Life of A Typical Divorce or Custody Case in Massachusetts

This is the life of a typical divorce or custody case in Massachusetts.

An issue generally arises when:

  1. Parties are getting married, but want a prenup;
  2. Parties are getting divorced. Here’s Divorce Info
  3. Parties were never married, but share a child and are splitting, so they need a custody order; Here’s Custody Cases Info
  4. Parties already have a court order, but need it changed. Here’s info on Modifications; or
  5. Parties already have a court order, but one party isn’t complying. Here’s info on Contempt

First, if the parties have an agreement, they can file the appropriate documents with the Probate and Family Court. Usually, unless there’s a defect with the documents or the agreement is patently unfair, the Court will approve it. They sometimes do this administratively, but sometimes, the parties have to appear in court.

If there is no agreement, the parties have options. If they think they can work things out with some guidance, they can try mediation, which is a third party – usually a family law attorney – who guides them toward resolution. If it works, they can file the appropriate documents with the court for approval. However, the more you have at stake, the riskier it is to launch into mediation on your own without the guidance of a lawyer. Not the mediator as that person is neutral and generally cannot advise you, but your own lawyer.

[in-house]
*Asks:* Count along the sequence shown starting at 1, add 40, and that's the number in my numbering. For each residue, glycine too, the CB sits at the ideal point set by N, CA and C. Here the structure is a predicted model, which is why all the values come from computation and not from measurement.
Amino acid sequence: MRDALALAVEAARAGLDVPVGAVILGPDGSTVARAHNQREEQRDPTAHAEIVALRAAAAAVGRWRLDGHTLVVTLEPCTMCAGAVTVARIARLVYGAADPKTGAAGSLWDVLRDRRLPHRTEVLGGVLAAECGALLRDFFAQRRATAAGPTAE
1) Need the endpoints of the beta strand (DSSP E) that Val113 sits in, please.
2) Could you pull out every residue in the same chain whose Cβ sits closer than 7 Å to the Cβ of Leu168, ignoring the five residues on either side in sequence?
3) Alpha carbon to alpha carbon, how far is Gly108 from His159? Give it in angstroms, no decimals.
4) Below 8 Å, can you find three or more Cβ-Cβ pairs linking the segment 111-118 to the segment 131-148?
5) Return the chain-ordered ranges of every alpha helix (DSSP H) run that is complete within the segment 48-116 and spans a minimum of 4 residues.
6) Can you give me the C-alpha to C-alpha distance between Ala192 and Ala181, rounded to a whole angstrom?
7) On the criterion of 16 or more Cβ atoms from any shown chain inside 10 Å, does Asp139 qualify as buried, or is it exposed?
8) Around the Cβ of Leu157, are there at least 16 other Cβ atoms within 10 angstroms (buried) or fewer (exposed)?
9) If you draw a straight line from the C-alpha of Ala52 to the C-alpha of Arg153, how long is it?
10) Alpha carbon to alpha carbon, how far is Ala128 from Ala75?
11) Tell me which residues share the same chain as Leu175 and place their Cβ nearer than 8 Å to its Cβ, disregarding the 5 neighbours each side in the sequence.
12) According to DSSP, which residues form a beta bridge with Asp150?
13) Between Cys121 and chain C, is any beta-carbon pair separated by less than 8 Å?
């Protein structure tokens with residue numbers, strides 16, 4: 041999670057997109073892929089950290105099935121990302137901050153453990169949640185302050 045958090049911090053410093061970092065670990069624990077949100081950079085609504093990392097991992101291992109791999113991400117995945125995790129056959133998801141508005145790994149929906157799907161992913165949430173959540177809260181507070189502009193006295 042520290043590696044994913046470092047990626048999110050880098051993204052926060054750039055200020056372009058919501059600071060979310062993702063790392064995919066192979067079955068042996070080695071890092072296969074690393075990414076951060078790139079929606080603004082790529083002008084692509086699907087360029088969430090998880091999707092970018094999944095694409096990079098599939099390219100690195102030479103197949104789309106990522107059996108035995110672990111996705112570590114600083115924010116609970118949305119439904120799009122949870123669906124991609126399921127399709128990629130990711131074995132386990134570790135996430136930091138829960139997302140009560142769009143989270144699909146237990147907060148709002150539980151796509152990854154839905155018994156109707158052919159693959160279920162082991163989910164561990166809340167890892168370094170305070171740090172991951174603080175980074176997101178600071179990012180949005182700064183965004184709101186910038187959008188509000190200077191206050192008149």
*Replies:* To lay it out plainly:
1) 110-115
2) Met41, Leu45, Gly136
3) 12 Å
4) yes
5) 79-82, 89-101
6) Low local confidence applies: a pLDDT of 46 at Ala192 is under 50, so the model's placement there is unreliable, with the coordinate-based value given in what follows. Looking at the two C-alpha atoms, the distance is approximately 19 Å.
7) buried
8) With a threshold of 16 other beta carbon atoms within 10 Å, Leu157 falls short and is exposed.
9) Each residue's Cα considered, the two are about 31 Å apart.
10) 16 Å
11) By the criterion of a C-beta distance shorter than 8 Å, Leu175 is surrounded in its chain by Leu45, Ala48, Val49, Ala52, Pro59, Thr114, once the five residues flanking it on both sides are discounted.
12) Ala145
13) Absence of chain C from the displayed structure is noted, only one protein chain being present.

If mediation is not a good option or doesn’t work, a contested filing is the next step.

A contested filing involves one party filing documents with the court. The court sends some documents back to the filing party. Those documents are then served on the other party, and the case officially begins. The parties typically exchange information (discovery), and depending on the issues, there are usually hearings to address the issues in dispute.

As the parties proceed in a contested case, there are usually negotiations. If the issues are resolved, the appropriate documents can be filed with the court and ultimately approved. If there are still disputed issues, the parties can opt to try mediation. If that isn’t a good fit or doesn’t work, the case typically moves toward trial, which is the ultimate event at which the judge hears and examines evidence and makes the final decision.

When the case is finally complete, a “Judgment” is issued by the court, either approving the parties’ agreement or it’s a decision made by the court after a contested hearing.

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